Jeremiah 16-20 (The Daily Walk Bible).
It’s not so bad being a simple preacher and not a prophet. Jeremiah had some significant physical and psychological pain as a result of his calling. In addition to the message he shared, he also had to live out some object lessons: the ruined belt (chap. 13), abstinence from marriage (chap. 16), the potter’s jar (chap. 19), the yoke (chap. 27), and the purchase of a field (chap. 32).
Jeremiah 18 may have inspired Paul to say: “But who are you, O man, to answer back to God? Will what is molded say to its molder, ‘Why have you made me like this?’ Has the potter no right over the clay, to make out of the same lump one vessel for honorable use and another for dishonorable use? What if God, desiring to show his wrath and to make known his power, has endured with much patience vessels of wrath prepared for destruction, in order to make known the riches of his glory for vessels of mercy, which he has prepared beforehand for glory— even us whom he has called, not from the Jews only but also from the Gentiles?” (Romans 9:20–24)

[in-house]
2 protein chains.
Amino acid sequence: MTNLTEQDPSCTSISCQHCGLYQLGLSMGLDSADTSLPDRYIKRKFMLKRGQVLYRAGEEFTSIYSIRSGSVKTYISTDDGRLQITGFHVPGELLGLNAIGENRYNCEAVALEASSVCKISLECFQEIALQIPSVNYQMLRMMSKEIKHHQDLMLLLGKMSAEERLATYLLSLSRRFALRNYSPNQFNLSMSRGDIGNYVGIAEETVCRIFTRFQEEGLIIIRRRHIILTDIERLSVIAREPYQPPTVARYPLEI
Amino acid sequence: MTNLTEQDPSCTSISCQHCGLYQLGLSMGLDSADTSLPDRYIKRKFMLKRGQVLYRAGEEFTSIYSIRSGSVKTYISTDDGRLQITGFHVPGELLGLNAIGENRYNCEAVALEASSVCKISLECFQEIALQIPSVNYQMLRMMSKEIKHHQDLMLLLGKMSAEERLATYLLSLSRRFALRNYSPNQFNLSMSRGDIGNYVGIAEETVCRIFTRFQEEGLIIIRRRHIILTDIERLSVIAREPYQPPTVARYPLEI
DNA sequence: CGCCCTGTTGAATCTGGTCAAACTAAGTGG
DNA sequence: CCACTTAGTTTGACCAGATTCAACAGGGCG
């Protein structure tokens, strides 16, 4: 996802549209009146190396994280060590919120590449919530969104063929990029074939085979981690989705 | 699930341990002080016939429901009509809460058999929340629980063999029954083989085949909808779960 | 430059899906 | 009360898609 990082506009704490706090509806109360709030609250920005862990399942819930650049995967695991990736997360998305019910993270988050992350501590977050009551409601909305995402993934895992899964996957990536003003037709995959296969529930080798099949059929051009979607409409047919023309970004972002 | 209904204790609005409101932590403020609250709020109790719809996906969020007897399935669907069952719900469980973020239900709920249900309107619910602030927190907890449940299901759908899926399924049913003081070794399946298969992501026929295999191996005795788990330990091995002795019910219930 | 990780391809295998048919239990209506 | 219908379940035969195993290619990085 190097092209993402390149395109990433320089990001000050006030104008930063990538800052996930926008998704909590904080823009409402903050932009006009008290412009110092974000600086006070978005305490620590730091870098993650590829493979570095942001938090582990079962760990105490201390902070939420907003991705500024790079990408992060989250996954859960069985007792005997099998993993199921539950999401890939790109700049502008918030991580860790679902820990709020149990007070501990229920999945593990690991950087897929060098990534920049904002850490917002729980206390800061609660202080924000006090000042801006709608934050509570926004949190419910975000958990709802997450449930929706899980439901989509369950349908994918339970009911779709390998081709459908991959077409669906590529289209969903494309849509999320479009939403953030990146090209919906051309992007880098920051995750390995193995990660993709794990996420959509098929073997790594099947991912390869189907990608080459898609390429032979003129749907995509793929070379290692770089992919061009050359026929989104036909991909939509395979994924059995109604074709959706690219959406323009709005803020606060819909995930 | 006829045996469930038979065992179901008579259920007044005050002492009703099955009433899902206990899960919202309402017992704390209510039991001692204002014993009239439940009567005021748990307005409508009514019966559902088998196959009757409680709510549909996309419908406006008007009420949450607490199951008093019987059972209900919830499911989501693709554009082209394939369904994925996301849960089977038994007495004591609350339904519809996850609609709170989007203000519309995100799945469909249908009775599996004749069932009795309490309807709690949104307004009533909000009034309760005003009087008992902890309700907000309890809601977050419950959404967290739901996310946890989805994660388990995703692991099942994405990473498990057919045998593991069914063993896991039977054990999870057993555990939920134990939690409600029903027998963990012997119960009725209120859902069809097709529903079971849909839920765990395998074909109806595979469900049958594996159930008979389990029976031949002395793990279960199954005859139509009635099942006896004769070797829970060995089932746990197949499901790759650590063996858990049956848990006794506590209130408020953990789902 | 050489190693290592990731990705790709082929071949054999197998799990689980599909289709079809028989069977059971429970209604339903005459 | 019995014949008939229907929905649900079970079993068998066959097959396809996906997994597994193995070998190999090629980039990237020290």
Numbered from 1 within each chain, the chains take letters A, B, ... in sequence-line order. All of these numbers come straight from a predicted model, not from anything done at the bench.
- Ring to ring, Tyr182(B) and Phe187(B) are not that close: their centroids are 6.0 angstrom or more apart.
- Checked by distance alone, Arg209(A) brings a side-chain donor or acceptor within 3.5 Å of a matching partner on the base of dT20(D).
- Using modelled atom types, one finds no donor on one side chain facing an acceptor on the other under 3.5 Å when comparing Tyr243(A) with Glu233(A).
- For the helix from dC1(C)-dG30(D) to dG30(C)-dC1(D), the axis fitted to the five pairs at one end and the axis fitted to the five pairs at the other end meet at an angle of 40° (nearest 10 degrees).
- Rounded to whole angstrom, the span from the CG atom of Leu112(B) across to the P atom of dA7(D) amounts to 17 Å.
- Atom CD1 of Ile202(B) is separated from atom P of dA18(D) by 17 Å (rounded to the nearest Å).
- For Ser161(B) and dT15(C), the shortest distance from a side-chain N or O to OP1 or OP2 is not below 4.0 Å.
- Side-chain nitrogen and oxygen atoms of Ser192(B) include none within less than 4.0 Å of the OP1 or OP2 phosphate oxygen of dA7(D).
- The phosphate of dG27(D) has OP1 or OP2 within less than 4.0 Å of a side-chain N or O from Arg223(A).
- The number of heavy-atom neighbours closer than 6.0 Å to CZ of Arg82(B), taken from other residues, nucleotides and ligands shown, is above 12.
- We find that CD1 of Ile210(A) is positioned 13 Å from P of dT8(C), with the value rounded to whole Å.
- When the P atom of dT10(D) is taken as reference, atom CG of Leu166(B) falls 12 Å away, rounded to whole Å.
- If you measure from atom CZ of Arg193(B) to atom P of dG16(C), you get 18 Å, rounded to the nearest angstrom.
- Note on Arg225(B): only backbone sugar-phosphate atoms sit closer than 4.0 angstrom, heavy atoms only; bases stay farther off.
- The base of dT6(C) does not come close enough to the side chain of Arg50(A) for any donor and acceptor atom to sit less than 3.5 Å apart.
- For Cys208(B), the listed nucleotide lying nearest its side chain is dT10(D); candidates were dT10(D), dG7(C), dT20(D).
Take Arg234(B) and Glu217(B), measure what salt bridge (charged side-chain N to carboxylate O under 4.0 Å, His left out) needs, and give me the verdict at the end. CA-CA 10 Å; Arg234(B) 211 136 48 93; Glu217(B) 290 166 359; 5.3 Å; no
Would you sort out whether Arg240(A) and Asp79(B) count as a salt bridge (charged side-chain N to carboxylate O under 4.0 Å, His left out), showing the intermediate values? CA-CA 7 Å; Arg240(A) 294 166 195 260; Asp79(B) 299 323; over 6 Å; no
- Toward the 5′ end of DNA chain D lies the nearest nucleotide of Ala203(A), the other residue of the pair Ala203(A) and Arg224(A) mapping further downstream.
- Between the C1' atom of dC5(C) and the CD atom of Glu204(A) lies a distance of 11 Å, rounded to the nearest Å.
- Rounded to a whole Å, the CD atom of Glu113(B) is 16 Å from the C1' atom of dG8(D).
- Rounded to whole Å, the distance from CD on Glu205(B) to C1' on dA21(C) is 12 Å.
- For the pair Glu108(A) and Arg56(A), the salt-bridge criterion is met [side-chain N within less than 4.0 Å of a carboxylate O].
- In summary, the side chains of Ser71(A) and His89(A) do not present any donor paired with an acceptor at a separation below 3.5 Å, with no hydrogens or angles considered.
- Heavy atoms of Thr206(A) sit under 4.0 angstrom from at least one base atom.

Jeremiah 17:7-8 is amazing (and it reminds me of Psalm 1): “Blessed is the man who trusts in the Lord, whose trust is the Lord. He is like a tree planted by water, that sends out its roots by the stream, and does not fear when heat comes, for its leaves remain green, and is not anxious in the year of drought, for it does not cease to bear fruit.”